The Liverpool Women’s Hospital is a great hospital where staff, in general, are happy to work. It saves many lives and helps launch thousands more tiny lives each year. In the midst of all the damage being done to the NHS, saving Liverpool Women’s Hospital is crucially important, for all our mothers, sisters, daughters, friends and lovers and for all the babies born there.

Liverpool Women’s Hospital is the subject of a programme #Hospital, which shows some of the outstanding work of the hospital and talks about a major recruitment crisis at Liverpool Women’s Hospital.

The Chief Executive of LWH is reported as saying “Alongside the patient stories featured, you will see some of the other challenges we face as an NHS Foundation Trust, including our desire to protect our services for the long-term future by moving to a new Liverpool Women’s Hospital on the campus of the new Royal Liverpool Hospital site.” 

The time money and effort put into the flawed plan to move the hospital less than a mile down the road, has perhaps distracted the board, if we are now to believe that after all recruitment is the problem. This crisis in recruitment has not featured greatly at the board meetings of LWH which our campaigners have attended for the last number of years.

Our campaign sees the move as a serious risk to the service provided by Liverpool Women’s Hospital. The people of the UK and of Liverpool have lost many NHS beds and services, we have had to pay for crazy dangerous projects like Carillion at the Royal PFI, all of which have been “sold” to the public with false gravitas by NHS strategists and politicians. Not many apologies have been forthcoming when they have been proved so very wrong.No apologies for leaving the NHS short of beds, no apologies for the PFI scandal. Why? These projects have made a lot of rich people much richer

The NHS needs more doctors. Britain has fewer doctors per head of population than other advanced countries. There are 2.2 doctors per thousand people.  Cuba has 5.9, per head of population and is significantly less wealthy than the UK.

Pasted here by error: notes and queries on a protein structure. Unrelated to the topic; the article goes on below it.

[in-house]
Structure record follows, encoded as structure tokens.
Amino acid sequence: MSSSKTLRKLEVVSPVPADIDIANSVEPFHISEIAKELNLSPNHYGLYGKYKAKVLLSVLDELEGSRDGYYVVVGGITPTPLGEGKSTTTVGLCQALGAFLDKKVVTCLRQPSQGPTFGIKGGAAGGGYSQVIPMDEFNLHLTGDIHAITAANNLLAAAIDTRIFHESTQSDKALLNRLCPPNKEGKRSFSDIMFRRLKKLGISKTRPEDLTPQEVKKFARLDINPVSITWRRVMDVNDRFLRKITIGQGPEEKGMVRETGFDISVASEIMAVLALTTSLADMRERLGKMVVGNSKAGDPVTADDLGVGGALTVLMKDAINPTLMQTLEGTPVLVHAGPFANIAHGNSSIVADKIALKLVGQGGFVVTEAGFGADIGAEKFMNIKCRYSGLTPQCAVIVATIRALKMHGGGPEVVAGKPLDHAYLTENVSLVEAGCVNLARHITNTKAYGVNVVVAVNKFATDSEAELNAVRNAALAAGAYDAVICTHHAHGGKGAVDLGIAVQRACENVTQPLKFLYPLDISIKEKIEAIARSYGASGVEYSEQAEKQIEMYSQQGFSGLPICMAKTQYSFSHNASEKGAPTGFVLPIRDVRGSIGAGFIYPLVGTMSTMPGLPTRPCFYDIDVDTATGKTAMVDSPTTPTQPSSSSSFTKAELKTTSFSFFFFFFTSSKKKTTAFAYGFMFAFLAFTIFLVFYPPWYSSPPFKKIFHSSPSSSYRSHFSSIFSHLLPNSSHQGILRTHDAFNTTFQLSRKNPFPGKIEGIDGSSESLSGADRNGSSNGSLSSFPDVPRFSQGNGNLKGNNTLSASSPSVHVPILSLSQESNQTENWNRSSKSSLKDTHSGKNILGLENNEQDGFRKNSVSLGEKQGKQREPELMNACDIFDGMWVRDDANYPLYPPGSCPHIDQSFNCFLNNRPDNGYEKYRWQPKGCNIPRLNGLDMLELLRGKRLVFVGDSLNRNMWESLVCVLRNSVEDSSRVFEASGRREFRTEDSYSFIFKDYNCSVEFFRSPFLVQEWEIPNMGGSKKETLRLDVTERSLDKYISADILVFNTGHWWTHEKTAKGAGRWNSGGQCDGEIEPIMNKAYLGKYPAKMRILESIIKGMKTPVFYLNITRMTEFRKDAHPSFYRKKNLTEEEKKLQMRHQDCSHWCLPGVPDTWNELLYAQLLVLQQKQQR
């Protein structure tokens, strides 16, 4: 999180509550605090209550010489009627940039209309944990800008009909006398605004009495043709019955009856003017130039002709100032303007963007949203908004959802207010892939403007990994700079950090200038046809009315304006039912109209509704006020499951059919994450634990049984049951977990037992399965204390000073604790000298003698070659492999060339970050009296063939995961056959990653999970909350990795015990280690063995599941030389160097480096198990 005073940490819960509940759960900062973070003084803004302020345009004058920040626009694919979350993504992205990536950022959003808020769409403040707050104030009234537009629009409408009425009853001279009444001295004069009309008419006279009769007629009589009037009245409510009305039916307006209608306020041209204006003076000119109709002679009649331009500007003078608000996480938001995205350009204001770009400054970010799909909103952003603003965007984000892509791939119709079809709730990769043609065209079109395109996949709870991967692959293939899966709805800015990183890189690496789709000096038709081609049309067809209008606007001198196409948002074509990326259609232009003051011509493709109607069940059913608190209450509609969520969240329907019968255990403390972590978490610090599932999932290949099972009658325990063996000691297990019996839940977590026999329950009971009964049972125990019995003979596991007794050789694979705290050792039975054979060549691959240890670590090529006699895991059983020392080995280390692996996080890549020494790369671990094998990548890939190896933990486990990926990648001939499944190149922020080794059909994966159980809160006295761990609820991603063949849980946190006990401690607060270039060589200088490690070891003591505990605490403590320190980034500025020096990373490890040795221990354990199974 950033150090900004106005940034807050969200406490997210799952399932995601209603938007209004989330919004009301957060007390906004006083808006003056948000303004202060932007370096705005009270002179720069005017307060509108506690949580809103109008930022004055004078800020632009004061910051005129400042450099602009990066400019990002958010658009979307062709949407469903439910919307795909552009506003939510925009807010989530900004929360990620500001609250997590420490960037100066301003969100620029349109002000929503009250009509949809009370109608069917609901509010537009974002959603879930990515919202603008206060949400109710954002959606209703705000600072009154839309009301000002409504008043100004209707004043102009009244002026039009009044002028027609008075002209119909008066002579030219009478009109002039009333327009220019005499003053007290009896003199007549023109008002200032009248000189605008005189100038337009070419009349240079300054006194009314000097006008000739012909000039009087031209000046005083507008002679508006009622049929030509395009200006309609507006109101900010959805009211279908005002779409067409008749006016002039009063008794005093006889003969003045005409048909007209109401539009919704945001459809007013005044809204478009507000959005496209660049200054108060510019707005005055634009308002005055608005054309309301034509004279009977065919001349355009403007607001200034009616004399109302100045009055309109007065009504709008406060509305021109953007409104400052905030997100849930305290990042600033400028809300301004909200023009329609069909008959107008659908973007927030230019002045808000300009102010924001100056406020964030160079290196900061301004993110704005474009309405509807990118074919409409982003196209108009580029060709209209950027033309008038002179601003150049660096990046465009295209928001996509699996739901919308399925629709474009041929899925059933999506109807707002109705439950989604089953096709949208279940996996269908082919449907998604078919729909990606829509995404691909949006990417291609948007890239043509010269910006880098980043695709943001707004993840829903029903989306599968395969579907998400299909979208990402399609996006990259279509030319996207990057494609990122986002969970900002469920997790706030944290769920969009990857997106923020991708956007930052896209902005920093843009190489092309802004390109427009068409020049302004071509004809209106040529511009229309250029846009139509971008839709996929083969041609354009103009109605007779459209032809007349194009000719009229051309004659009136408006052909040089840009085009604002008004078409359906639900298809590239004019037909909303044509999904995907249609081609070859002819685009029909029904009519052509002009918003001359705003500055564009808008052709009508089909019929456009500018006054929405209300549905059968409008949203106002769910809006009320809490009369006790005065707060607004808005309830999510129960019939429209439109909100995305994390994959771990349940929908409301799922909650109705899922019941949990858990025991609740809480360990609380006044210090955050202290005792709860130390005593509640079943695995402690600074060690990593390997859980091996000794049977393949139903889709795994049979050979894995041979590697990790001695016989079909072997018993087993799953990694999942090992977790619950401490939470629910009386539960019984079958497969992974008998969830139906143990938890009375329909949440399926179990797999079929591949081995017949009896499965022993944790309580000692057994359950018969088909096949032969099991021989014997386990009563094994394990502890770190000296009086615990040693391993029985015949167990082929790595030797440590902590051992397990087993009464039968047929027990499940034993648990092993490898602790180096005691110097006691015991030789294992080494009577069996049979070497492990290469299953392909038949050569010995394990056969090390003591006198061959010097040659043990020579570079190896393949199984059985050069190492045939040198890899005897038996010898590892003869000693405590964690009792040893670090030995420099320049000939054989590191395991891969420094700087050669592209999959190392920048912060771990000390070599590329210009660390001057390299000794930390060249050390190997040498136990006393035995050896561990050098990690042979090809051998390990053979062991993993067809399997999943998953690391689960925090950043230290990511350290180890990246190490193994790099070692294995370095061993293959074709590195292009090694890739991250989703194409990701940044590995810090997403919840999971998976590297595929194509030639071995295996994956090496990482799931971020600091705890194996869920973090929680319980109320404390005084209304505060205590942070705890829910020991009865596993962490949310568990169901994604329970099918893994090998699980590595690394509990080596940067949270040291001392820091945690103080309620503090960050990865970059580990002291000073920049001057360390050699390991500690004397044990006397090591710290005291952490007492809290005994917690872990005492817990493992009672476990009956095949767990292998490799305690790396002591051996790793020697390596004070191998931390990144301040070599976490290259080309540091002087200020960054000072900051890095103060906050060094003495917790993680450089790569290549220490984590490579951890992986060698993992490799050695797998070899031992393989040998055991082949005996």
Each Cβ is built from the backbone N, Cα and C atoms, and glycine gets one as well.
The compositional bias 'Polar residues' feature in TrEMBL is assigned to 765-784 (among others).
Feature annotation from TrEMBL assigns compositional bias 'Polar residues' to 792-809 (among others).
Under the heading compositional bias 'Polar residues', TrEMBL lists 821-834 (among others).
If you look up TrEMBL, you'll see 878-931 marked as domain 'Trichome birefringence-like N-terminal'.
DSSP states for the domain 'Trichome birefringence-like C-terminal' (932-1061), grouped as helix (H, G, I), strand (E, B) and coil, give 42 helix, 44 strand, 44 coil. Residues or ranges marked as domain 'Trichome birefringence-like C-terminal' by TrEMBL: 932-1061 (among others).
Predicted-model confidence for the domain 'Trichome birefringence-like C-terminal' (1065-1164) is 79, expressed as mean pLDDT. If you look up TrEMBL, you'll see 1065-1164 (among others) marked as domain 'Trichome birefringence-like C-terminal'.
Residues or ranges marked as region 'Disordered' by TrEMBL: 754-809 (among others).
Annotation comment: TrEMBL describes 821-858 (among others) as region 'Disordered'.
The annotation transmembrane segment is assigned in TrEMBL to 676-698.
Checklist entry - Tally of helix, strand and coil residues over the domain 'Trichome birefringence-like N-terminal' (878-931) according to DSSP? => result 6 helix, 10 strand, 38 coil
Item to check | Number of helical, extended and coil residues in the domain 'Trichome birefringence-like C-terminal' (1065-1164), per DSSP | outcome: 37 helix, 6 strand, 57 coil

Doctors themselves need more doctors so they do not have to work ridiculously long hours, and have a better work life balance.

There are now more doctors in training, and if you trust him, Jeremy Hunt claims that more doctors will be trained in future, with new medical schools opening.

There is though a shortage of doctors and many who train either take time out or leave altogether or want to work part-time. Doctors are human and often female. Women need time off to have babies. Men too want paternity leave. Ridiculous working hours and stress make it harder to retain staff.

There is a shortage of doctors at pretty much every stage.

The basic causes of the shortage are

1. The UK has not trained enough doctors and relied on recruiting from abroad. There are many overseas doctors working in the NHS. These medics are most welcome and badly needed.

2. Cuts, privatisation and underfunding are driving significant deterioration of the  work experience for staff

3.Recently, there has been a drop in recruitment from the EU.

There are some recruitment issues specific to the main specialisms, obstetrics, and gynecology, in the Liverpool Women’s hospital. The most commonly mentioned was difficulty in recruiting to rural areas. Being in a rural area is not a problem at Liverpool Women’s Hospital.

There are problems in the mix of different levels of experience required in Obstetrics according to the Royal College of Obstetricians

None of these issues would be changed by the unnecessary move of LWH less than a mile down the road to the New Royal Site, proposed by the Liverpool CCG and the Trust.

To improve recruitment our campaign believes the Trust, the Government and NHS need to do the following

  • Improve staff confidence in the management at the hospital, as shown in annual returns.
  • Return to the ethos of a women’s hospital, appoint more women to senior medical and surgical positions.
  • Nationally recruit more  doctors, train more doctors and retain more doctors
  • Reduce the working week as soon as possible.

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